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With a final release date of April 2008 locked in, Grand Theft Auto IV would end up being one of the biggest video games ever made, involving over a 1000 people and a budget that was estimated to be at over $100 million at the time. But the end result was more than worth it. Liberty City crackled with life, and players could now engage in combat scenarios that allowed them to take cover, while the world around them burnt.

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Nikko had access to a cellphone which could be used to unlock more jobs within Liberty City, arrange dates as well as infamous phone calls from his cousin Roman about hooking up for a few rounds of tenpin bowling. While the core mission structure remained unchanged, Liberty City was home to new diversions, vehicles and weapons and a massive online multiplayer component for up to 32 players. All of this coalesced into a massive game, that raised the GTA benchmark yet again.


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GTA IV had more on the way once players had finished the story of Nikko Bellic. Two episodic DLC packs were released for the game, which starred different lead protagonists in Episodes From Liberty City. The Lost and The Damned and The Ballad Of Gay Tony were standalone expansions that continued the Liberty City exploits further, adding new ideas and gameplay scenarios.

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Lost and Damned was released in February 2009 and starred Johnny Klebitz as a member of the Liberty City biker gang The Lost. The Ballad of Gay Tony was released in October 2009 and starred luis Fernando Lopez as he helped nightclub owner Gay Tony out of several conflicts. Both packs were then collected into one retail release, as well as Grand Theft Auto IV: The Complete Edition in 2010.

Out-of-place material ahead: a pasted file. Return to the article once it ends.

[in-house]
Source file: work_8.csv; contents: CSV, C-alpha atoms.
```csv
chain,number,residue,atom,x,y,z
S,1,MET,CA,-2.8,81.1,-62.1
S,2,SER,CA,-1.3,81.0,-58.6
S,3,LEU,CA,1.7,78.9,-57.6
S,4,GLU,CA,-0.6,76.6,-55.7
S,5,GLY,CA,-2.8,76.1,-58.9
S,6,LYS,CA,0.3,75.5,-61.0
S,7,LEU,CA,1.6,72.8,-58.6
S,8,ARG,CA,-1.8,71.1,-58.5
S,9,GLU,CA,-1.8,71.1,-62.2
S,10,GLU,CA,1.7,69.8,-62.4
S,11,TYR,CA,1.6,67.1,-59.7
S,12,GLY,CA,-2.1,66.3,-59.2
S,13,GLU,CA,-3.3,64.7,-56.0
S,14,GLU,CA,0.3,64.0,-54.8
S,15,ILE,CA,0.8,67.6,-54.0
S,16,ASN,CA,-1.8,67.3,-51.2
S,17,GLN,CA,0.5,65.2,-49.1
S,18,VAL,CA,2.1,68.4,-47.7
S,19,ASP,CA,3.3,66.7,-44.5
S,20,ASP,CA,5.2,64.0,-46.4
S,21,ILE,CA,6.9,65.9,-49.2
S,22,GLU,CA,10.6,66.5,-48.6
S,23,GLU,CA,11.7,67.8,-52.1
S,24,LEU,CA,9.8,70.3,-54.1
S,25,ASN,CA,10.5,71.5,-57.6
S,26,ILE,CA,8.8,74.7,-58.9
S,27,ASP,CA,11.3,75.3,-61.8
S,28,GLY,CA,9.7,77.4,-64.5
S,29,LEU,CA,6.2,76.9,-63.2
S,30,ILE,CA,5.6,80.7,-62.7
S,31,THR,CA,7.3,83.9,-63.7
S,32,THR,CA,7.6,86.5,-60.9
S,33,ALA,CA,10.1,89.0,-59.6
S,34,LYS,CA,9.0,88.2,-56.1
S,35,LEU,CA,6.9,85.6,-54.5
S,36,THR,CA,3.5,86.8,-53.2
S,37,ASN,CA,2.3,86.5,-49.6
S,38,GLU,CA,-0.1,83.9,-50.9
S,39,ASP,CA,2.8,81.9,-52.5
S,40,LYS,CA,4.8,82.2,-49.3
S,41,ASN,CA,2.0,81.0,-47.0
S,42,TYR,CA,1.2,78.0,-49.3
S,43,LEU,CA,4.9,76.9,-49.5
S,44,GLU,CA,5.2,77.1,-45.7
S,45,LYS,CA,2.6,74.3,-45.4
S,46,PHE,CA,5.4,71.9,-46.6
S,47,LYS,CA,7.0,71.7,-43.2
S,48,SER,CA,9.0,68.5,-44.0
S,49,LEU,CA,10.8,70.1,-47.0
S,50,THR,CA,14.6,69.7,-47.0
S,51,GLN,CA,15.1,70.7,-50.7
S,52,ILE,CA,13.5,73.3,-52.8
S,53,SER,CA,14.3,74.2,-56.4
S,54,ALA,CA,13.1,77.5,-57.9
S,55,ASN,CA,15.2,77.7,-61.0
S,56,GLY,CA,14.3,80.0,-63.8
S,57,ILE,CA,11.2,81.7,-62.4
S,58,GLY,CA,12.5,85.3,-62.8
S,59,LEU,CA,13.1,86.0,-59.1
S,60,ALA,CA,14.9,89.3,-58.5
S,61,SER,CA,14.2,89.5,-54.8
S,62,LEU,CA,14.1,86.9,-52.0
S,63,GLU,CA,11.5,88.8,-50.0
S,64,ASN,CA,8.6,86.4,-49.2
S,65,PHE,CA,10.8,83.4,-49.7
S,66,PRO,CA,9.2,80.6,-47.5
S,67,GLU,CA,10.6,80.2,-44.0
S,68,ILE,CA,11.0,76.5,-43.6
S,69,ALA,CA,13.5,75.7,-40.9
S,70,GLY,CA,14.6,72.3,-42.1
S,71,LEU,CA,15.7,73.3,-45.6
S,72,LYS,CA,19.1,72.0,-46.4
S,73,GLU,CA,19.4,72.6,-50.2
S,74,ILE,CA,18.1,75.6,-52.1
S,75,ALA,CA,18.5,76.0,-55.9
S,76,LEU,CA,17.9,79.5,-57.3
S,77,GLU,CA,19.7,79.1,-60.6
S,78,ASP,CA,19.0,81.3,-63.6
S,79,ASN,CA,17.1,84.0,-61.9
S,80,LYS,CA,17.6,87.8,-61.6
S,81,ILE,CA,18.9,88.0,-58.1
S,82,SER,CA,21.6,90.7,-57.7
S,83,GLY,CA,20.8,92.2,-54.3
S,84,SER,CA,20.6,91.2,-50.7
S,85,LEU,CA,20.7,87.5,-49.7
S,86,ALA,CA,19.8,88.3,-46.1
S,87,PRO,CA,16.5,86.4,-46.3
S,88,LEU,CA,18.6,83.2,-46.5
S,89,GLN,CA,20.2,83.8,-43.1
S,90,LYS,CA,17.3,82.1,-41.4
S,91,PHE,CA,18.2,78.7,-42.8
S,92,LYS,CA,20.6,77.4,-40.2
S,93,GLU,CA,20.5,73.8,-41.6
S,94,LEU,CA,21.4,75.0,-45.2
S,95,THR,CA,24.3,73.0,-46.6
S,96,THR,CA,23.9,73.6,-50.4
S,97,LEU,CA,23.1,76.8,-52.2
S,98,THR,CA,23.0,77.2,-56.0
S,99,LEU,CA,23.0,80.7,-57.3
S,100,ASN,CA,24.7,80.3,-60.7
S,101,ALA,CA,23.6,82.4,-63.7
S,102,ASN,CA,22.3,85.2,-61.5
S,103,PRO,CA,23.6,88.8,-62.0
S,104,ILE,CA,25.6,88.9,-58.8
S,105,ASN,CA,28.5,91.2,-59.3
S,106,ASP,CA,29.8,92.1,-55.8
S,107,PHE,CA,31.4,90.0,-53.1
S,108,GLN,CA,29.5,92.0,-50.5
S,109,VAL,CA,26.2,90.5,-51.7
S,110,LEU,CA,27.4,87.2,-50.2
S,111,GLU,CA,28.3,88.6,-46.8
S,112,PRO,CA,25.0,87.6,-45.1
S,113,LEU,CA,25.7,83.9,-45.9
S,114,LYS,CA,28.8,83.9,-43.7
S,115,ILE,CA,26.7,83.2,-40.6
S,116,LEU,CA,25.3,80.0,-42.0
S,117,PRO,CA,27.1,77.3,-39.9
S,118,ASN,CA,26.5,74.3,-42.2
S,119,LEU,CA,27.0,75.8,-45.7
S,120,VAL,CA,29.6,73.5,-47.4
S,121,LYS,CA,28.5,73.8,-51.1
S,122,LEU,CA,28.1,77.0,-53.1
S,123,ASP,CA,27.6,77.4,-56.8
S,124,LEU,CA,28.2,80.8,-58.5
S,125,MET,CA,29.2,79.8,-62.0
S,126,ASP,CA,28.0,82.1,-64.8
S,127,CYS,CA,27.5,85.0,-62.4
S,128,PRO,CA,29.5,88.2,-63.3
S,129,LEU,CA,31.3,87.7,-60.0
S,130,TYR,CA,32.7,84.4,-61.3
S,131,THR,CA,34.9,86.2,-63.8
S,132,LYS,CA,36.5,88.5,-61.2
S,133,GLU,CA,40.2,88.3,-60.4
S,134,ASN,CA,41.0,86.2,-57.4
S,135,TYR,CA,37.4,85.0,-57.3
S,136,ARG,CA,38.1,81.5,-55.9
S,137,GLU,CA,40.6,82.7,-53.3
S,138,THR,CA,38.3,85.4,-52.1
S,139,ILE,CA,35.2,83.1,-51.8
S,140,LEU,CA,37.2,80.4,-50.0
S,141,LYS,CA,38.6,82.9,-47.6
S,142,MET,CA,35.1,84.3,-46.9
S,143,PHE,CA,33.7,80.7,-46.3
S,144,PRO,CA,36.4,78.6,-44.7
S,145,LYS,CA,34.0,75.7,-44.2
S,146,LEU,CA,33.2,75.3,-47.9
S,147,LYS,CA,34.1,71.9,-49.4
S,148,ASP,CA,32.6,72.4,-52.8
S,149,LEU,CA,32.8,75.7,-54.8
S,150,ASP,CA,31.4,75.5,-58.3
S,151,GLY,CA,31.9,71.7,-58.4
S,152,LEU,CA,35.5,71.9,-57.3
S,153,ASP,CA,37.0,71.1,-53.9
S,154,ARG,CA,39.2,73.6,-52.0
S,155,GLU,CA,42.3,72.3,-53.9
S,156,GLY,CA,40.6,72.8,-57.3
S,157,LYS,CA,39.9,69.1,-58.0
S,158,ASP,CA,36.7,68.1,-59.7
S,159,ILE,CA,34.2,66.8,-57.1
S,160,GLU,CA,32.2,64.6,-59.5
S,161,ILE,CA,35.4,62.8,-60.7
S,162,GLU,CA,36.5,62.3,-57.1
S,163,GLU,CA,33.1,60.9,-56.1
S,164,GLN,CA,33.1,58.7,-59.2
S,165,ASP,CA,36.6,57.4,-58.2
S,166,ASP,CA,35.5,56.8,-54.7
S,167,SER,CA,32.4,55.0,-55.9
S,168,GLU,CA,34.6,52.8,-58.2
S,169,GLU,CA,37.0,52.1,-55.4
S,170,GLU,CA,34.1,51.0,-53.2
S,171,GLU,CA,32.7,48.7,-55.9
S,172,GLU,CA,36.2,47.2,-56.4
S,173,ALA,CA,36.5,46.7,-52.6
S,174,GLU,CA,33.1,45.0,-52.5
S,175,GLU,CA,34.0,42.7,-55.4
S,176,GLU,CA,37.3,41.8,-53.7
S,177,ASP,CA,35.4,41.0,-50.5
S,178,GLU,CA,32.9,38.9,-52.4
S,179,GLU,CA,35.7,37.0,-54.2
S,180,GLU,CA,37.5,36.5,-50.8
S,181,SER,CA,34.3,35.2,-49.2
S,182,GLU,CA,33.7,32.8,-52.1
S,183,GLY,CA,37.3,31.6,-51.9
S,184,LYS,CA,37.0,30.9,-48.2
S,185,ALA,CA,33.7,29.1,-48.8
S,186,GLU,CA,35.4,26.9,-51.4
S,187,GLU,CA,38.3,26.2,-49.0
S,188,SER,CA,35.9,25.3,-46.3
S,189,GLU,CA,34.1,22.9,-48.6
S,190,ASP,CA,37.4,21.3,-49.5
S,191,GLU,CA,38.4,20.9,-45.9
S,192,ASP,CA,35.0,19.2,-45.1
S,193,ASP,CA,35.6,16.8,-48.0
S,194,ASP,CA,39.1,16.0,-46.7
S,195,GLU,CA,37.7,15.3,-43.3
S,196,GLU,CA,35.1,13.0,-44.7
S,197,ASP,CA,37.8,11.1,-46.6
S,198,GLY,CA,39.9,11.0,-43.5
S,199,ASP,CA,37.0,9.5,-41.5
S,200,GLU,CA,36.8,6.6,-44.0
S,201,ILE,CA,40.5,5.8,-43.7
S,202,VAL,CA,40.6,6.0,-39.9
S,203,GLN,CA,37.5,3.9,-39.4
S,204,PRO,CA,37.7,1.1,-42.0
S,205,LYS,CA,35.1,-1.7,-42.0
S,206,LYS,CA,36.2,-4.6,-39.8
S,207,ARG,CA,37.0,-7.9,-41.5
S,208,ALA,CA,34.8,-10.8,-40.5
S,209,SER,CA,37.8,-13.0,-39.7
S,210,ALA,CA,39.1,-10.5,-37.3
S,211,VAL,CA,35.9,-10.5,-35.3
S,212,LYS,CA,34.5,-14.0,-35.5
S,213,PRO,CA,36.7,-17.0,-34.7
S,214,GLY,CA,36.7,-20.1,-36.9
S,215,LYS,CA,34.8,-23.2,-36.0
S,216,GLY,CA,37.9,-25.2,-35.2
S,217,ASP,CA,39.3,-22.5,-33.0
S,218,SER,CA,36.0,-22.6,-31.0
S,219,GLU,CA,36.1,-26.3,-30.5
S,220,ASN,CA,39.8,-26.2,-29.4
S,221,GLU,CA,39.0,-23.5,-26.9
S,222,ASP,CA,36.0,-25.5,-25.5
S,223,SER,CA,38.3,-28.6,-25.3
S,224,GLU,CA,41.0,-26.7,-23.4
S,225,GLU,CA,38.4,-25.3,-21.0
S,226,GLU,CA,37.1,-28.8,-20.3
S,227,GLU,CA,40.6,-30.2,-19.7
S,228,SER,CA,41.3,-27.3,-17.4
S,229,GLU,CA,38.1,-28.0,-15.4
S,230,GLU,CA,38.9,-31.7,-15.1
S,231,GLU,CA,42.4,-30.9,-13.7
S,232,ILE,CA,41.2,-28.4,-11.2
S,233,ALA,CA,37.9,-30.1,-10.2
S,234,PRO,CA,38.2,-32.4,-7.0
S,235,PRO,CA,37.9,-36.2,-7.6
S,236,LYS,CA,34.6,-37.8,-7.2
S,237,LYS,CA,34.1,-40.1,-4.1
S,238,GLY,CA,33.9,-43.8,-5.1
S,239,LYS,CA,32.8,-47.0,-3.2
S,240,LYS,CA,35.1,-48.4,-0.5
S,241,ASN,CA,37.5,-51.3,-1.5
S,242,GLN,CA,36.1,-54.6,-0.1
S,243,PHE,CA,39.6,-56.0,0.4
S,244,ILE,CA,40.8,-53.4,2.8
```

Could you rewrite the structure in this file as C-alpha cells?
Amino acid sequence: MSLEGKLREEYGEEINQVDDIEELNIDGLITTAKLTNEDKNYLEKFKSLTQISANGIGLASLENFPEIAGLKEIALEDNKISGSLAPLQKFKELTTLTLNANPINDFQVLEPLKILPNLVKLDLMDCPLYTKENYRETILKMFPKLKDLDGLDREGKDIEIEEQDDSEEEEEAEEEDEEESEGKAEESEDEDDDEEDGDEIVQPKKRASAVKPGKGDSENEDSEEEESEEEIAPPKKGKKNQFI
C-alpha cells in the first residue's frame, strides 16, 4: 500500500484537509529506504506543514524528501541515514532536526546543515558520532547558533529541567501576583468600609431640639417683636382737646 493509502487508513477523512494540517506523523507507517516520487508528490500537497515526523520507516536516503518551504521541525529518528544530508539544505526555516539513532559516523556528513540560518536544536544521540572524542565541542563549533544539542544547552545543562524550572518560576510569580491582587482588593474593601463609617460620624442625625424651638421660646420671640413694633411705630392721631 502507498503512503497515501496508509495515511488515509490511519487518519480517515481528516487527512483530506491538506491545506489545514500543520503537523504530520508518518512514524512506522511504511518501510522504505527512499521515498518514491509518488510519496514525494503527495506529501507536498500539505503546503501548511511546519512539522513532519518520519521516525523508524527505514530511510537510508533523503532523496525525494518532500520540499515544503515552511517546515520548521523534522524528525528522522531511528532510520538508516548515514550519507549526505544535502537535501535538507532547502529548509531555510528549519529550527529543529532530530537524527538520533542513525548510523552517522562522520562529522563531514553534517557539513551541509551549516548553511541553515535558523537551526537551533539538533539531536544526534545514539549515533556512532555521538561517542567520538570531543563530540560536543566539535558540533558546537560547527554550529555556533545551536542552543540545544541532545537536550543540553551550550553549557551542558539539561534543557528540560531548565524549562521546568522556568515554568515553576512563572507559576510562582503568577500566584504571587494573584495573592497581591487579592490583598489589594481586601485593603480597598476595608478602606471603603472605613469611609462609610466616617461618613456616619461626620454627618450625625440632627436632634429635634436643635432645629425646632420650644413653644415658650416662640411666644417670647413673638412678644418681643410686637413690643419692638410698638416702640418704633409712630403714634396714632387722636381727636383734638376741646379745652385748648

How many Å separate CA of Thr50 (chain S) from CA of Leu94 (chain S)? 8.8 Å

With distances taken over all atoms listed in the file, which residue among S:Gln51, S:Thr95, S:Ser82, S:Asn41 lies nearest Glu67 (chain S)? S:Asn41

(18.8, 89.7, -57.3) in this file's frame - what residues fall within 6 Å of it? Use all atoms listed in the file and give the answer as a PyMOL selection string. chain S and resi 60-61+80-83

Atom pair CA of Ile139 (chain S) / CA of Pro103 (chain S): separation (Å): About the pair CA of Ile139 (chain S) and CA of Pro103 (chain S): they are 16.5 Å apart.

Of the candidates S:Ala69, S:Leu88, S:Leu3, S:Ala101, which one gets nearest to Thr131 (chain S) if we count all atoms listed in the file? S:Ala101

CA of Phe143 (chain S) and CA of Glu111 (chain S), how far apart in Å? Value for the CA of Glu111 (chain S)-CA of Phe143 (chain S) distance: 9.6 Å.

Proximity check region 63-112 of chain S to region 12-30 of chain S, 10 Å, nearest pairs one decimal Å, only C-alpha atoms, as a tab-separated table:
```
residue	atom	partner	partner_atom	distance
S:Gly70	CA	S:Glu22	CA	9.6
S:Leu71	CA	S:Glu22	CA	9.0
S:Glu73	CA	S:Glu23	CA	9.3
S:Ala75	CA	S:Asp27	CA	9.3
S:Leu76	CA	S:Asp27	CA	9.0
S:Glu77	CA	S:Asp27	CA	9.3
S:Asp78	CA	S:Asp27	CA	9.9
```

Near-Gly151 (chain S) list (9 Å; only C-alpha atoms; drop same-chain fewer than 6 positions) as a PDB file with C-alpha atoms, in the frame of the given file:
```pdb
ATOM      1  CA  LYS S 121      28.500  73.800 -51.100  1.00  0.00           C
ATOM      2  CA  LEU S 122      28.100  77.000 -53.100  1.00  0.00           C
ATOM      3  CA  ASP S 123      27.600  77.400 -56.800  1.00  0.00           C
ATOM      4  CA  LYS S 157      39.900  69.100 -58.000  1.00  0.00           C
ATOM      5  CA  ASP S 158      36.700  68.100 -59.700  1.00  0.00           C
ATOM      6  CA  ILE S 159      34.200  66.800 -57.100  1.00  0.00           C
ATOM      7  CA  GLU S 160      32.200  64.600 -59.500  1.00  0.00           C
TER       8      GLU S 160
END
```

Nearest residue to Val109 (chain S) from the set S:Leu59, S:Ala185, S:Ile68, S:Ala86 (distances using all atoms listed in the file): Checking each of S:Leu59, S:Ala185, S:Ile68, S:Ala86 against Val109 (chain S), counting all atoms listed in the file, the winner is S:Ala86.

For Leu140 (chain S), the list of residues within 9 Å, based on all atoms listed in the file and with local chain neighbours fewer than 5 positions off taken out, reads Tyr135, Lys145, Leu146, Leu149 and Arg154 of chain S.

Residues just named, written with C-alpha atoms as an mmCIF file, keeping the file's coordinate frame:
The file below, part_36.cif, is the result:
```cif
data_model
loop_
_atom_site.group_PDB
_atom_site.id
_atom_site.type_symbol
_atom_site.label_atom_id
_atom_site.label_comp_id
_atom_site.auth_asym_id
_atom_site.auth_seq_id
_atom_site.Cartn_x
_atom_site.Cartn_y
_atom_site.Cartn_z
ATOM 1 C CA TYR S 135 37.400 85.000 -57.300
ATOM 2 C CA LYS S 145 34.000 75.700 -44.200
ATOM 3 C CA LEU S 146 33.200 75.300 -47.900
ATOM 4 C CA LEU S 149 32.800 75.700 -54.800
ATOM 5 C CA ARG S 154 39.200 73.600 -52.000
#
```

GTA IV (1)

GTA IV received stellar reviews on release, and it remains one of the highest-rated games still on Metacritic to this day. IGN called it a release that “sets a new benchmark for open-world games”,while Game Informer labelled it as a game “completely changes the landscape of gaming”. Sales were of course, through the roof.

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GTA IV sold over 3.6 million units within a 24 hour period of release, earning over $310 million in revenue and making back its production budget. That number jumped to over $500 million earned worldwide, off of 6 million units sold and surpassed various analytical predictions. After a month of being available, that number jumped even further to 8.5 million copies sold, kickstarting a new trend for games to field even bigger budgets and ambitions. GTA IV even broke three Guinness World Records by May 13 2008: Highest grossing video game in 24 hours, Highest revenue generated by an entertainment product in 24 hours, and Fastest-selling video game in 24 hours.

At the end of 2008, GTA IV had already sold over 5.18 million units in the USA alone, with the PC release adding further to those numbers.

Last Updated: April 15, 2015